Then, the truth about illegal immigrants is that they are wanted by the capitalists. In ancient democracies everybody was free and equal, “everybody,” that is, a handful of citizens surrounded by masses of slaves and helots. Same in the U.S. in Tocqueville’s time, all equal and free, but of course not the Negroes and not… the paupers (who had no voting and such rights, who knows how many people that made?) And it is the same today, we are all equal and free, but of course that doesn’t include the “illegal immigrants” who have been toiling in our sweating system for decades and without whom the system would crash overnight.
In this context, the Ottoman model is not a far-fetched idea. In modern political theory what’s known as consociationalism, or consociational democracy, may not be much remote from the functioning of the Ottoman polity or of any multiethnic empire of the past like the Austro-Hungarian empire also. What other alternative can there be, as Western societies have made the choice to accommodate masses of immigrants from other cultures, except complete suppression of cultures, a totalitarian mould raising the required conformity to levels so far unknown, even for the native populations?
Has this choice been forced on Western populations by so-called globalist elites? But then it means middle classes really had no grip on their polities, so what exactly are they defending? their own alienation?
An alternative to consociationalism may be the American constitutional theory as exposed by Supreme Court judges. Quoth:
“We are not an assimilative, homogeneous society, but a facilitative, pluralistic one, in which we must be willing to abide someone else’s unfamiliar or even repellant practice because the same tolerant impulse protects our own idiosyncracies. … In a community such as ours, ‘liberty’ must include the freedom not to conform. ” (Justice Brennan, on Michael H. v. Gerald D. )
That may make America look sound very liberal but I still perceive it as more conservative than continental Europe (it is no accident, by the way, that of all European countries the U.K. left the European Union), where we’ve got authoritarian liberalism whereas in the States it remains PC liberalism (enforced by political correctness, not police and tribunals).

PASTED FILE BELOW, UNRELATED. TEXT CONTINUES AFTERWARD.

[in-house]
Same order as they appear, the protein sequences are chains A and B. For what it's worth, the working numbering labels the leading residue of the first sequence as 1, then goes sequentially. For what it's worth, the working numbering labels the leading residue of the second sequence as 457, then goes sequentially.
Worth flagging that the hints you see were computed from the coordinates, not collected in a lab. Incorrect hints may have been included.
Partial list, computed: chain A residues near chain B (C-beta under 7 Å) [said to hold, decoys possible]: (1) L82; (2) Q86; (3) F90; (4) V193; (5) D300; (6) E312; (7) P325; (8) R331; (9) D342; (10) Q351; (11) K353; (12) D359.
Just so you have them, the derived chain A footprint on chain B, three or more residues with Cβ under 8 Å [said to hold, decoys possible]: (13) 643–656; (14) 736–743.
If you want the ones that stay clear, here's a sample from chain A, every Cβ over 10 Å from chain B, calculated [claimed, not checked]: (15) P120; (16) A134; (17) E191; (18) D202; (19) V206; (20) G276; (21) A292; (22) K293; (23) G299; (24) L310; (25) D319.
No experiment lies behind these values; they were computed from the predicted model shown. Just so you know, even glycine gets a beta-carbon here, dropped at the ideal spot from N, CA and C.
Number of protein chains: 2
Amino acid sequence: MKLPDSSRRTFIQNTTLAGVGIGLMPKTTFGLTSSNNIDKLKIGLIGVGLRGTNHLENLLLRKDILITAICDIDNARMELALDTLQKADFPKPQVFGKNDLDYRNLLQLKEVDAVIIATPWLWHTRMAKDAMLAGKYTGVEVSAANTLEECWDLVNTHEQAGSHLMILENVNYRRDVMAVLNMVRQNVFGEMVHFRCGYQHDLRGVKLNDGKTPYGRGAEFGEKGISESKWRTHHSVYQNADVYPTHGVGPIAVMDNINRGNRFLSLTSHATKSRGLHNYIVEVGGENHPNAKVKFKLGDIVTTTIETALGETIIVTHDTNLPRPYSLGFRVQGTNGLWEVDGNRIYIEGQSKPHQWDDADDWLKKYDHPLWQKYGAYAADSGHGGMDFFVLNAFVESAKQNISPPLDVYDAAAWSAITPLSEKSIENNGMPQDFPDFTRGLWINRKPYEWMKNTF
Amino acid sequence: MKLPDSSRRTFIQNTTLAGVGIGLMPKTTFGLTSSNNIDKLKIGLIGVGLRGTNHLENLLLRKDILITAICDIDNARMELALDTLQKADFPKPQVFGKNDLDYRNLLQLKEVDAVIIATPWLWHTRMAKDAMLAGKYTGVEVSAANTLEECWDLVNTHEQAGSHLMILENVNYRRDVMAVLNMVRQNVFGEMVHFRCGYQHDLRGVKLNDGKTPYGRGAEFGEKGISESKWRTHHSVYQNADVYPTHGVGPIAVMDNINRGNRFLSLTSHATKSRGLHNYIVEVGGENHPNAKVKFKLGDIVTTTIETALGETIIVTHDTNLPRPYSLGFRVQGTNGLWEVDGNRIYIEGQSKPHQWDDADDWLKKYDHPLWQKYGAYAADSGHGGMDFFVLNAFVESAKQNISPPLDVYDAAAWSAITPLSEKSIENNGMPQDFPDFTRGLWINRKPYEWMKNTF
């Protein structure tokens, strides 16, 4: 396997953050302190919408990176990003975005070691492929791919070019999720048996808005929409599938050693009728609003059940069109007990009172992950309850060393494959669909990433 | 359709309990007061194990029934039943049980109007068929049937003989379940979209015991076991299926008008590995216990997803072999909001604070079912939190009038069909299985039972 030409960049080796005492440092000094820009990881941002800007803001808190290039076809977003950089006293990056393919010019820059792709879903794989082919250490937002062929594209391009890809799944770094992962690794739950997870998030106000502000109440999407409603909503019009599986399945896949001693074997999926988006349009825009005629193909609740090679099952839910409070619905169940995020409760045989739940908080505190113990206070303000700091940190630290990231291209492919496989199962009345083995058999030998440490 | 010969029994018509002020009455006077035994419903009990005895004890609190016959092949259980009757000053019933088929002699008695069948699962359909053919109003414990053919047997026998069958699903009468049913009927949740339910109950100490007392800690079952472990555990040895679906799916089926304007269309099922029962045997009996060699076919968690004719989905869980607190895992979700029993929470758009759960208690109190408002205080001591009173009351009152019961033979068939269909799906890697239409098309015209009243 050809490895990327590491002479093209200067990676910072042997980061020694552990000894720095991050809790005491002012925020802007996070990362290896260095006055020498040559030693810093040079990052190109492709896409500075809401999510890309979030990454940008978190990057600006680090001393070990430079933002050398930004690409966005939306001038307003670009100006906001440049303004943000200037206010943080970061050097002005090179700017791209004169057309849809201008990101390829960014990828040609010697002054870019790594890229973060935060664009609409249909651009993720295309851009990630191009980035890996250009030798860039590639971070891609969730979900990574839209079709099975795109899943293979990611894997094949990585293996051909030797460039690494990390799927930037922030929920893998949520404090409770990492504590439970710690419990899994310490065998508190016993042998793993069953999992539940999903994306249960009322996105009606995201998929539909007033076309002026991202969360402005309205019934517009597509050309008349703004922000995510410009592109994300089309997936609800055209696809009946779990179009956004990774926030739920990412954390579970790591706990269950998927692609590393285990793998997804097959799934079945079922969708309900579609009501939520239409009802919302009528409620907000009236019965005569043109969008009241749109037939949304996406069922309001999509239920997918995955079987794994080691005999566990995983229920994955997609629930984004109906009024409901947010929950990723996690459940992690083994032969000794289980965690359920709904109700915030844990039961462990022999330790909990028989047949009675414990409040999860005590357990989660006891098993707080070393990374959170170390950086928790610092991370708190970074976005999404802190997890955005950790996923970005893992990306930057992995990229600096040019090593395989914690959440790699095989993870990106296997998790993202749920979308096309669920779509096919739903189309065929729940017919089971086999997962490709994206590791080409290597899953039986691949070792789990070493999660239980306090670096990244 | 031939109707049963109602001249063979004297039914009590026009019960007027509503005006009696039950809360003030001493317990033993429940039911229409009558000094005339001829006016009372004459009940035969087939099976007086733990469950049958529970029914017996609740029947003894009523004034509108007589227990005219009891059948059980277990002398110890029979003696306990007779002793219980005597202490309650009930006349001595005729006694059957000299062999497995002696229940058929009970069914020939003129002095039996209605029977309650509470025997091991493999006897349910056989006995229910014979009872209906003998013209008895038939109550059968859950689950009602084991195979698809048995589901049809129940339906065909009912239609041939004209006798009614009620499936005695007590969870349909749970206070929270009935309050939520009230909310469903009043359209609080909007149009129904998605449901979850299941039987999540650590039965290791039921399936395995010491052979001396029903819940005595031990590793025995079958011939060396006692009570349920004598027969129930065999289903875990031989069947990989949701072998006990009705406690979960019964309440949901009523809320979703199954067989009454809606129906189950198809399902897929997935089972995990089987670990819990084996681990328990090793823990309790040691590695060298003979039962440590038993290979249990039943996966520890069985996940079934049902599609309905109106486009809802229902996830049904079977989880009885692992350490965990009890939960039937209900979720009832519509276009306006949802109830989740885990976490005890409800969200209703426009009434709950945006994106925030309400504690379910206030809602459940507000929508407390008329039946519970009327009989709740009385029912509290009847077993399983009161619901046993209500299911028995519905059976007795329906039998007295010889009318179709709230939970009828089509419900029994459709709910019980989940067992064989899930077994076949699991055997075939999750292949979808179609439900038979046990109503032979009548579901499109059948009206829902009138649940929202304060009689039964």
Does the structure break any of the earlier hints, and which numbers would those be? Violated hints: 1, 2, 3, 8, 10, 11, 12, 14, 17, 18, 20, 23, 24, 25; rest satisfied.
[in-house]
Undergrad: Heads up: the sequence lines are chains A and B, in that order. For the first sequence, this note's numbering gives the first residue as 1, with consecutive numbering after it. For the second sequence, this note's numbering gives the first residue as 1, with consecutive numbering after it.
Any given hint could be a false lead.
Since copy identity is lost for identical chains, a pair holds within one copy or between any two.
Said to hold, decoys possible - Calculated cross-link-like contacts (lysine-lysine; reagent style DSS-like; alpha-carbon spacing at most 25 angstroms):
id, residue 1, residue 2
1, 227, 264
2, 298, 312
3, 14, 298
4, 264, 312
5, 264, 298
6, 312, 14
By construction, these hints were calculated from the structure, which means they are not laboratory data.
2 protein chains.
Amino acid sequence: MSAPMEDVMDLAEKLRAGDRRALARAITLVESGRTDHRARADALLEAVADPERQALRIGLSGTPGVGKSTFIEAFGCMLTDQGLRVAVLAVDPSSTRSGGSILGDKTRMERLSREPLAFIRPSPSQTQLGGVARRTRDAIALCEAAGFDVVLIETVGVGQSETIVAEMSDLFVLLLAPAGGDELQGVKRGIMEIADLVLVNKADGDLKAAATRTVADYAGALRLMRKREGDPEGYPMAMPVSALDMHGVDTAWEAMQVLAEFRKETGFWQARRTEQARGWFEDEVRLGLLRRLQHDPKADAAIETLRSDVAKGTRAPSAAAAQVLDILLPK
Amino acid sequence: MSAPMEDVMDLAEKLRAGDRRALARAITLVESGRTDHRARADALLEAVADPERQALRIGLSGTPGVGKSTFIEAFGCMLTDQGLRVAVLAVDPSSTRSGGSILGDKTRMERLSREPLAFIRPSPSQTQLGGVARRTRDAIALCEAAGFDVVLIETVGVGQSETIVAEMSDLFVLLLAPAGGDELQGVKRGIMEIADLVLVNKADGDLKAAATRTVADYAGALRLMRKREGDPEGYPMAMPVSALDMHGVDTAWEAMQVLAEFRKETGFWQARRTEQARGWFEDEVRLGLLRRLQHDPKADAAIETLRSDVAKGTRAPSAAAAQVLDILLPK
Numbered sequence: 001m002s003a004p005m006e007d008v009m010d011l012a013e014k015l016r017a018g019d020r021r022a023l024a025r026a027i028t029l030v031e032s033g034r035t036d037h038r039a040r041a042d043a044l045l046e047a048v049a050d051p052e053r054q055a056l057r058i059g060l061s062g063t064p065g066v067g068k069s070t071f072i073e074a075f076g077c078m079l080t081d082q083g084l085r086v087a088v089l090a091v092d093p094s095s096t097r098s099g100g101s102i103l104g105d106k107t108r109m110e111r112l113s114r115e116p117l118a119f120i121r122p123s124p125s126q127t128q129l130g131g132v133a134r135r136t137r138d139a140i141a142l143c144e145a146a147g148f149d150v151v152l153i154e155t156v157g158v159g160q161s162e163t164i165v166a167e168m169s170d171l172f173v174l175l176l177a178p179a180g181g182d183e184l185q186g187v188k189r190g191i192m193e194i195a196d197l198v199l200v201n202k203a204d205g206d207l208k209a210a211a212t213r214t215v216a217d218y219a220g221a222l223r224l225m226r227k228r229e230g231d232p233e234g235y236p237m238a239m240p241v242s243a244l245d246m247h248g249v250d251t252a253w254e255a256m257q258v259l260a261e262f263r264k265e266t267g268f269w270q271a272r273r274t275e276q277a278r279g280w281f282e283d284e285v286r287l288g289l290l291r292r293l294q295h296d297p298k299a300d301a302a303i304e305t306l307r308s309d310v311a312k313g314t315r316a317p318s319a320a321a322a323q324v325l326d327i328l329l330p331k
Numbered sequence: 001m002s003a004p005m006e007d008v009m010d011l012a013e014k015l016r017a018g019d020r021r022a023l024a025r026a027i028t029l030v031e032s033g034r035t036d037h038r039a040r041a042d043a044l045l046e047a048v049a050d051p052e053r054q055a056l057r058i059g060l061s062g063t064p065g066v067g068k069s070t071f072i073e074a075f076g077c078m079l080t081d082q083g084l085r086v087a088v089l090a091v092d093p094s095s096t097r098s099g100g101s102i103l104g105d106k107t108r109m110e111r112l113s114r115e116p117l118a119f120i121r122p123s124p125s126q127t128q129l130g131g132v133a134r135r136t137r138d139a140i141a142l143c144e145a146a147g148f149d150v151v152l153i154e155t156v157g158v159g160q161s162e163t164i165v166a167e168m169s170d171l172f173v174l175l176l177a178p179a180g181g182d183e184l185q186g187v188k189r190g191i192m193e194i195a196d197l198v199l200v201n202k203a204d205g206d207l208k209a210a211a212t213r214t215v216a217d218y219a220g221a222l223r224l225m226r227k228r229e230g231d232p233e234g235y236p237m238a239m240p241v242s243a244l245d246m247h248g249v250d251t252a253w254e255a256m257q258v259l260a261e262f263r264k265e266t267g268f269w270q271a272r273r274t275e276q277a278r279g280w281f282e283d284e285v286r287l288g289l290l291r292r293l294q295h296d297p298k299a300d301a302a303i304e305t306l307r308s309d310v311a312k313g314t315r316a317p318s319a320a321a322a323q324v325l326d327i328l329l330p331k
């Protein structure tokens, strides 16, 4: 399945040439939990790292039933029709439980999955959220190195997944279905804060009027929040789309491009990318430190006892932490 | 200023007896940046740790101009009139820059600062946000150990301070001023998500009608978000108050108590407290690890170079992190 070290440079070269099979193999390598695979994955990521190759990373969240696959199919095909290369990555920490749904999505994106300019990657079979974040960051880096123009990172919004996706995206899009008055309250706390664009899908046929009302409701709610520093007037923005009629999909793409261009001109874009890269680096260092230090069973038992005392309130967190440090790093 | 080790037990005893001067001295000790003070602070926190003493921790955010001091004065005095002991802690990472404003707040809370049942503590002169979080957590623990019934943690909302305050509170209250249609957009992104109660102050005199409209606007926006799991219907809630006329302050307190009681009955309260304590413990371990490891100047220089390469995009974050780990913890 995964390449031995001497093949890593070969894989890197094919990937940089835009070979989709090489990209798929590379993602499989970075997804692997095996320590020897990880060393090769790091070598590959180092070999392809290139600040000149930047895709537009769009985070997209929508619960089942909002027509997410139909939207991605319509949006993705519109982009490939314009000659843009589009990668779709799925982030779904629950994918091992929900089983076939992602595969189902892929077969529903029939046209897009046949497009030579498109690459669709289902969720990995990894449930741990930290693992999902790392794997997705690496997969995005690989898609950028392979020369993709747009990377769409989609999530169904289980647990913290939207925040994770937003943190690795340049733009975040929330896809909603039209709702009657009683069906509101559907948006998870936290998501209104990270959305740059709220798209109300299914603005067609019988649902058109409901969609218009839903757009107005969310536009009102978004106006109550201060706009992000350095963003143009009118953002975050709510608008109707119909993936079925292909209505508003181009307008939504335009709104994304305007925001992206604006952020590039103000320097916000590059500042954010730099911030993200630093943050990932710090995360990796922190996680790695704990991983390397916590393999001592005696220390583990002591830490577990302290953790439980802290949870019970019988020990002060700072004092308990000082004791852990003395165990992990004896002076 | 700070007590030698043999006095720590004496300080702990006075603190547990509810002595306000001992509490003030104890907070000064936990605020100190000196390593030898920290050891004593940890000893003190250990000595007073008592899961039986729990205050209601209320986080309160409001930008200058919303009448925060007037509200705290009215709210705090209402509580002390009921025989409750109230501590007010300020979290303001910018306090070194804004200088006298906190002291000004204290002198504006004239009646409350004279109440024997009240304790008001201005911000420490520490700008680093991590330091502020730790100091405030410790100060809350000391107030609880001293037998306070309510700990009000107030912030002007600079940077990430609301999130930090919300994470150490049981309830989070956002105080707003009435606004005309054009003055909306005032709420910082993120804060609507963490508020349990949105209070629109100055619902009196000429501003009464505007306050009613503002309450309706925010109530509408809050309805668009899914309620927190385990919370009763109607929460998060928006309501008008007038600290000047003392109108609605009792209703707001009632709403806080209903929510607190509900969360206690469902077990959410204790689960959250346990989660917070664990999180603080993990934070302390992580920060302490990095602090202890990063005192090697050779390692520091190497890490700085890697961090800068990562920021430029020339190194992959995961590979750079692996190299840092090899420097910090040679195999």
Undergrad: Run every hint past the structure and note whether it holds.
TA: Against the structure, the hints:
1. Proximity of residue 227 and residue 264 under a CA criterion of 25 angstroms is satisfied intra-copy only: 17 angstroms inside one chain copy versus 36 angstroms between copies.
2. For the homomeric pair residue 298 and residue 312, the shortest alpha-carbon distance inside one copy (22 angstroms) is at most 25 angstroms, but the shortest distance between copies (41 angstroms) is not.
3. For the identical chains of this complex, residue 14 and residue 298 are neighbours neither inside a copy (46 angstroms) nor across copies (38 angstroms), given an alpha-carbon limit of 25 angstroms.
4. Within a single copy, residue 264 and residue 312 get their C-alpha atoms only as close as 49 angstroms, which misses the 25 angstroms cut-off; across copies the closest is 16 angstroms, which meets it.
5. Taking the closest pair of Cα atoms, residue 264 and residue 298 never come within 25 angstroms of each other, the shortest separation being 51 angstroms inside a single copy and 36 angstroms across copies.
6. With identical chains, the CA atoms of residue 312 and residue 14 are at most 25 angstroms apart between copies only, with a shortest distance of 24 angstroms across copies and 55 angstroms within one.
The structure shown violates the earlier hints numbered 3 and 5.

Home Affairs Colonial Policy
The main French social-democratic student union (UNEF) is under fire, some politicians calling for no less than its disbandment. In cause two things.
1/ A local branch of the union dared denounce on their website two professors, quoting their words as “Islamophobic.”
I can’t find the words in question with a quick search, the media seem more interested in telling the public that the national board of the union apologized for what the local branch did. The media will simply not buy that the professors might have made Islamophobic, that is hate speech.
To be precise, the blame has to do with the fact that the union posted words and photographs of the two professors. Such a blame is quite harmful because with a recent bill French authorities created a new crime, that of publishing personal data with malicious intent. The context being the beheading of a teacher by a Muslim boy after data of the victim were published on the Web. So now the union, which has always been a leading student union in the country, is basically accused –on a subliminal level– of being calling for physical assassinations.
The character assassination they intended is perhaps objectionable enough in itself, but then it certainly is not the first time, in fact character assassination is the daily bread of political life, and it is also telling that the razzmatazz takes place when the accusation is that of Islamophobia. The crime, actually, for the powers that be, is to raise that cry: Islamophobia!
Please note that this comes a couple of weeks after the government ordered a report on “islamogauchisme” (“islamo-leftism”) in academia.
2/ Moreover, the union dared organize meetings without male and white people present, in order for colored women to talk freely about racism and sexism as they see and/or live it.
The establishment calls this “racism.” Thus we see how antidiscrimination laws or the antidiscrimination animus is used: in today’s France it means that colored people are not allowed to do anything without whites being present. You would think yourself in the colonies of old.
As I write both “Absent serious judicial review, no trial can be the occasion to revise legislation,” alluding to various countries including FR, and “the bill would be declared unconstitutional as a result of its discriminatory nature,” stressing the reality, in FR, of judicial review, I owe the reader a precision.
In FR judicial review of the law on the occasion of trials did not exist before 2008. In that country the traditional way of reviewing the constitutionality of laws is through parliament members of the opposition seizing the so-called Conseil constitutionnel when a law has just been passed. The French do not have a tradition of judicial review of laws through litigation and even since 2008 French courts cannot review the constitutionality of laws: they must refer the question, when raised, to the above-named council (whose decisions are unappealable).